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Author Topic: I just don't know how to do this any longer  (Read 374 times)
dredgie

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What is your sexual orientation: Straight
Who in your life has "personality" issues: Child
Posts: 6


« on: August 29, 2021, 04:56:26 AM »

My 30-year old daughter has blamed me for the trauma she says she experienced as a child and adult. She says I am the reason she has problems with relationships. She goes on and on in phone calls, texts, emails about how I've screwed up her life. She goes back and forth telling my ex-husband and I this on a very regular basis. I'm at the point where I don't take her phone calls anymore but I am so hurt and sad and angry........how do I deal with the grief of basically losing my daughter?
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Our objective is to better understand the struggles our child faces and to learn the skills to improve our relationship and provide a supportive environment and also improve on our own emotional responses, attitudes and effectiveness as a family leaders
Swimmy55
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Gender: Female
What is your sexual orientation: Straight
Who in your life has "personality" issues: Child
Relationship status: Estranged
Posts: 775



« Reply #1 on: September 03, 2021, 02:59:59 PM »

Good for you that you don't take her phone calls of abuse any more!  This is an accomplishment, even though it doesn't feel like it.  There is a lot of grief with BPD , but reaching out to this network is a great first step.  You need healing too and we understand here.  This link is some reading about losses from this forum.  The only way out is through , unfortunately. 
https://bpdfamily.com/message_board/index.php?topic=292033.0
I personally also have my own therapist to do grief work with .  Please write back to us as you are able.
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Sancho
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« Reply #2 on: September 09, 2021, 01:00:50 AM »

Hi Dredgie
Dealing with BPD is such a complicated, exhausting existence. There is crisis after crisis and all the abuse and blaming - and it goes on and on . . . .

But you draw attention to perhaps the deepest part of this journey - one that often gets submerged with all the other dramas ie that we are also living with deep grief at the loss of the person who was so dear to us - and in the most horrible way possible.

We put all our efforts into loving them, trying to support in every way - and they become someone we can't recognise and who blames us for everything, absolutely everything in their own pain and failure.

I have come to 'let go' now in so many ways so that a lot of the time I am not hurt by the blaming or overcome by the grief. Only sometimes at night it overcomes me again and I am filled with sadness.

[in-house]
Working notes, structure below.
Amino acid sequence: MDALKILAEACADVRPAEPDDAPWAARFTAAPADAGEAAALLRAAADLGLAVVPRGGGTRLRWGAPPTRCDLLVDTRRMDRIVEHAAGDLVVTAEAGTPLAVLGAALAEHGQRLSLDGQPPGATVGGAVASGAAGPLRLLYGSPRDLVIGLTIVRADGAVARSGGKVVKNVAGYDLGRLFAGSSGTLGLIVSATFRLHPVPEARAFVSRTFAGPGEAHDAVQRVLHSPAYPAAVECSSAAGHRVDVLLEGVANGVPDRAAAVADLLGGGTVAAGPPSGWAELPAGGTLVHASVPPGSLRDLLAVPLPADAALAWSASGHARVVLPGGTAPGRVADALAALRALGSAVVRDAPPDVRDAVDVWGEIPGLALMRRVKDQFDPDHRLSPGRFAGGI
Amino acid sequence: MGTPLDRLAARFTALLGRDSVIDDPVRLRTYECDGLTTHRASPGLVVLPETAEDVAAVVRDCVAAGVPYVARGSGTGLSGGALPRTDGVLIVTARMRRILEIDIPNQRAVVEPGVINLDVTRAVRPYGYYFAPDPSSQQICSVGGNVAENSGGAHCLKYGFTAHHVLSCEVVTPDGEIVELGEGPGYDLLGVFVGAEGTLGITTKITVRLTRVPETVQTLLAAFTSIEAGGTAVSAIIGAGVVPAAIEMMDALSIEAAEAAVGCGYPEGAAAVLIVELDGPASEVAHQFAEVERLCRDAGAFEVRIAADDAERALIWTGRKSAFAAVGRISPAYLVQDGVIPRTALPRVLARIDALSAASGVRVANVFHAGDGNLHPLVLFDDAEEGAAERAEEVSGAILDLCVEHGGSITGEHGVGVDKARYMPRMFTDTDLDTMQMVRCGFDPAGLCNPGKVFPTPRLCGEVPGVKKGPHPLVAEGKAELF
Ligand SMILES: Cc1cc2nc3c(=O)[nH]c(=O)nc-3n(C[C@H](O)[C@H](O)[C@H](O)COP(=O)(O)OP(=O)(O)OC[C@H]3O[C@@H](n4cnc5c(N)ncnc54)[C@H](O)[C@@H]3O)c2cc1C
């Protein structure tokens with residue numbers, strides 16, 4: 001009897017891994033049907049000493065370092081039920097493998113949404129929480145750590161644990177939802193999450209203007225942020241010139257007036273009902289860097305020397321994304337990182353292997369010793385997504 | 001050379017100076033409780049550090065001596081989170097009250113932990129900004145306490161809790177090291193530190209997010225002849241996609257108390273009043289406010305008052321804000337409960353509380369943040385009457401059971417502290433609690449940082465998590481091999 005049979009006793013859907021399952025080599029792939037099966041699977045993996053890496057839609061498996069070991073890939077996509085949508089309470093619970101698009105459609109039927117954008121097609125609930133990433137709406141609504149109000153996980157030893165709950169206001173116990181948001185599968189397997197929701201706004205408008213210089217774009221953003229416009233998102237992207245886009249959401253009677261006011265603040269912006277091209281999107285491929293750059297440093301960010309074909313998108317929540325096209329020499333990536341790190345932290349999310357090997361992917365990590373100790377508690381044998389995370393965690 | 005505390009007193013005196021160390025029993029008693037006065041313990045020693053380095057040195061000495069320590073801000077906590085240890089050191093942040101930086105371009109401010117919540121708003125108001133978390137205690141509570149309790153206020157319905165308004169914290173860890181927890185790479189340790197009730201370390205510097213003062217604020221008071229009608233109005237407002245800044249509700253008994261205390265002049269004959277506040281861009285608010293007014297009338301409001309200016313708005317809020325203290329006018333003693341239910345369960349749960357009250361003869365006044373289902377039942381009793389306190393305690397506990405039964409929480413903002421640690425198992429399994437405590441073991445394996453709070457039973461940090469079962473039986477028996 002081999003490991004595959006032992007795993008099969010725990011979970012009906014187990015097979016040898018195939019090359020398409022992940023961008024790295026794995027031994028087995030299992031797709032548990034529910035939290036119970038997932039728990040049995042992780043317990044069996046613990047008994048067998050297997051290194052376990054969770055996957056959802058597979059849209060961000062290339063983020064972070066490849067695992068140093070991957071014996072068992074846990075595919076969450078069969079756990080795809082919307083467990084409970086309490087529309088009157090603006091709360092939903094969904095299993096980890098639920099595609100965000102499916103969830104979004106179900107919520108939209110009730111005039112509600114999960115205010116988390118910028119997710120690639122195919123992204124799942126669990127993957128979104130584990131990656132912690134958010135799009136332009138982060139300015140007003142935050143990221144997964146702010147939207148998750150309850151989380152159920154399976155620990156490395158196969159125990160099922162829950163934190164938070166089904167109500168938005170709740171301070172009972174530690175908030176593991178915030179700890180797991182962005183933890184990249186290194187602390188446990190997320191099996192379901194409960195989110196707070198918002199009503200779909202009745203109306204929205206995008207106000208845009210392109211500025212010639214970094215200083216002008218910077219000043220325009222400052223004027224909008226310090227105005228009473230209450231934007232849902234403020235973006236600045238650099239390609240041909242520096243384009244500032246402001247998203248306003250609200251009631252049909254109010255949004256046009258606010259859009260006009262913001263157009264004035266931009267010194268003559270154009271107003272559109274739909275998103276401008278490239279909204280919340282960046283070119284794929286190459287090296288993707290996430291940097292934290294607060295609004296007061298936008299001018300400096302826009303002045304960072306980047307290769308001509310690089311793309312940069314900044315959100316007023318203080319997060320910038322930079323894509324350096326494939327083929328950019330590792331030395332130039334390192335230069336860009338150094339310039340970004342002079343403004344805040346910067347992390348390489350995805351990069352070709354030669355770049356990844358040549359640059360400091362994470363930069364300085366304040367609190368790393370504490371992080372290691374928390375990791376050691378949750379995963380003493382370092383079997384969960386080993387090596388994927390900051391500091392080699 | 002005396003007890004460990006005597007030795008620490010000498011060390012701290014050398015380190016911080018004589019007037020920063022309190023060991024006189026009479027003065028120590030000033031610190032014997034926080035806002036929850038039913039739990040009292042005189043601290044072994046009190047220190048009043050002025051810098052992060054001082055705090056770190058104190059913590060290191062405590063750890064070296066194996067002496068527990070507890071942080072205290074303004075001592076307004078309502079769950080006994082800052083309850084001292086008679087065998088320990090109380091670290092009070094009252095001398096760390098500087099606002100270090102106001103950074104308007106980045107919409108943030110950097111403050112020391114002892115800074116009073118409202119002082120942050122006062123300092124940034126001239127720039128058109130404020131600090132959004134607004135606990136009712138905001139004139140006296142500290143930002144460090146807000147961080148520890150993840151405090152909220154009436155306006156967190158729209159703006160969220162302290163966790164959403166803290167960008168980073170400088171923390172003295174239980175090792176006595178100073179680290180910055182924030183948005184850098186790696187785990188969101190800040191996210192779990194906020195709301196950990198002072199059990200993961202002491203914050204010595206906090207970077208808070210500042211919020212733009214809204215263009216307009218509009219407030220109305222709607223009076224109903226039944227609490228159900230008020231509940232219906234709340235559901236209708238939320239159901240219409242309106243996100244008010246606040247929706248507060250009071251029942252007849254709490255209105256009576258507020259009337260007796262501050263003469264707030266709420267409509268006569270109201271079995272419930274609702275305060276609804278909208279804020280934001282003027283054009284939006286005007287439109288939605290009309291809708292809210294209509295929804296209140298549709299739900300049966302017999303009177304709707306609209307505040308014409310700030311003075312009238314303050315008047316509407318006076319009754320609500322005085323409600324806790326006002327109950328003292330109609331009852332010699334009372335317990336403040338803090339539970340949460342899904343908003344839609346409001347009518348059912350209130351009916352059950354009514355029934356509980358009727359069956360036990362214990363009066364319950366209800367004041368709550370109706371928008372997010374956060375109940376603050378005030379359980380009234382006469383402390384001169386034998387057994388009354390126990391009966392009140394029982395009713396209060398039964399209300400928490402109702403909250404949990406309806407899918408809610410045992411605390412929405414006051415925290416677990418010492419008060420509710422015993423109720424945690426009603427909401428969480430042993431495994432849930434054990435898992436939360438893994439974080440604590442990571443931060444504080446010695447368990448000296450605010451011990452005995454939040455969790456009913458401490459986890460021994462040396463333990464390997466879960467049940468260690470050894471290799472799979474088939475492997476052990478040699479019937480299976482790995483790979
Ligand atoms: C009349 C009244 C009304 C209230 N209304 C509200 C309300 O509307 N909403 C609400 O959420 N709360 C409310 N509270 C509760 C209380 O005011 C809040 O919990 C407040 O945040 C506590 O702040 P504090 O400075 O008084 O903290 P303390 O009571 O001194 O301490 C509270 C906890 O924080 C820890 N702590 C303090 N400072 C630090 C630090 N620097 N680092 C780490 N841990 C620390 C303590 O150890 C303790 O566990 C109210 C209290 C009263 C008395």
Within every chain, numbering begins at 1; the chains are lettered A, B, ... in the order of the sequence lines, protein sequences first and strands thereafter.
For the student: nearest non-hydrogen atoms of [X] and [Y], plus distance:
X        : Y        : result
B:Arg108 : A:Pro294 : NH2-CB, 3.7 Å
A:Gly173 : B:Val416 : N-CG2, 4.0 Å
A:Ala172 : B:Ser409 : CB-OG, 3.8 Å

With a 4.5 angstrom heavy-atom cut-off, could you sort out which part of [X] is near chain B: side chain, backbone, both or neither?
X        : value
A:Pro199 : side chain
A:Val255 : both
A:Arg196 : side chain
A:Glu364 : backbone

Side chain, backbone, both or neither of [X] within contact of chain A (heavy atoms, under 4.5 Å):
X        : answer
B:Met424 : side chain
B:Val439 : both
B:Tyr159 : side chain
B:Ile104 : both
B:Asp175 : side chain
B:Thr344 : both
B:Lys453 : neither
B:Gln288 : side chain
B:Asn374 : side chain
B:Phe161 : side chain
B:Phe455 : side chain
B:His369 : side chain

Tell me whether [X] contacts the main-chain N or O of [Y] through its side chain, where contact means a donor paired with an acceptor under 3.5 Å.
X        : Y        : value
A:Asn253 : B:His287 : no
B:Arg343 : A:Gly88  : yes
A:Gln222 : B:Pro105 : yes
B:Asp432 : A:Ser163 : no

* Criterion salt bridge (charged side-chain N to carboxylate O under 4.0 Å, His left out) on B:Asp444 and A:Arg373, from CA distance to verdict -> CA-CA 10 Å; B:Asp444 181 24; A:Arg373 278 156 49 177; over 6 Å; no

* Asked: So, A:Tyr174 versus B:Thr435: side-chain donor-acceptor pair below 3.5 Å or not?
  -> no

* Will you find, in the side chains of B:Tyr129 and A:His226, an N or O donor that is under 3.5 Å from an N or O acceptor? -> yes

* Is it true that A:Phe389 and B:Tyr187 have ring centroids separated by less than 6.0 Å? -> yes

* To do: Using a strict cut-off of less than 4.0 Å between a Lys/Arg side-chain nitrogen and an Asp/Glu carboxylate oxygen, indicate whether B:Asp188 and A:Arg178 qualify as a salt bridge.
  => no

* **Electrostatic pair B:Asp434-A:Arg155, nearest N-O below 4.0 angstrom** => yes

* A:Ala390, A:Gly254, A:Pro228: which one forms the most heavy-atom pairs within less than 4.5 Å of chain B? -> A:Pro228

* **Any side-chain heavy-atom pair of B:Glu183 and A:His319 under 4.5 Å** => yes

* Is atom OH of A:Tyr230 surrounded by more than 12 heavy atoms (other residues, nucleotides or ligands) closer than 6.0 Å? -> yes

I think the process of 'letting go' does help in that you are able to start seeing your own life again as something precious and to be honoured.

I have learnt to focus on the fact that I have the gift of life, and this is so special. I can witness the sunsets and rises, hear the rain on the roof and the birds calling out the new day.

These moments overpower the pain and loss of my dd to BPD.  I hope one day that she will overcome this terrible illness and I will see the warm energy of the beautiful child that she once was.

By letting go I have somehow survived the grief.
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Tulipps

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Gender: Female
What is your sexual orientation: Straight
Who in your life has "personality" issues: Child
Relationship status: Common-Law
Posts: 27



« Reply #3 on: September 09, 2021, 03:43:39 PM »

I'm right there with you, as are countless others on this site.
While I'm resolute in my stance, my distress tolerance is not 100%. There have been many weepy moments working through the grief and relationship loss. 
Be strong. It's not your fault.
 
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languid-mudflaps

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What is your sexual orientation: Straight
Who in your life has "personality" issues: Child
Relationship status: semi-estranged
Posts: 13


« Reply #4 on: October 13, 2021, 08:46:20 PM »

i have been grieving for the daughter i lost.
but I'm slowly starting to realise, i still have a daughter, she's just not who i thought she was. maybe never was. maybe my idea of her was something i made up in my head.
with that i am trying to learn acceptance and to accept who she really is, not my idea of who she should be.
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languid-mudflaps

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What is your sexual orientation: Straight
Who in your life has "personality" issues: Child
Relationship status: semi-estranged
Posts: 13


« Reply #5 on: October 13, 2021, 09:15:46 PM »

but well done on installing boundaries and stopping the calls. bad behaviour is bad behaviour, not necessarily BPD. and even if it is you don't have to accept abuse from anyone no matter the situation.

finding the strength to put in strong rules about what i was going to accept.. and enforcing them, changed my life. and hers, we are both in a much better place now.

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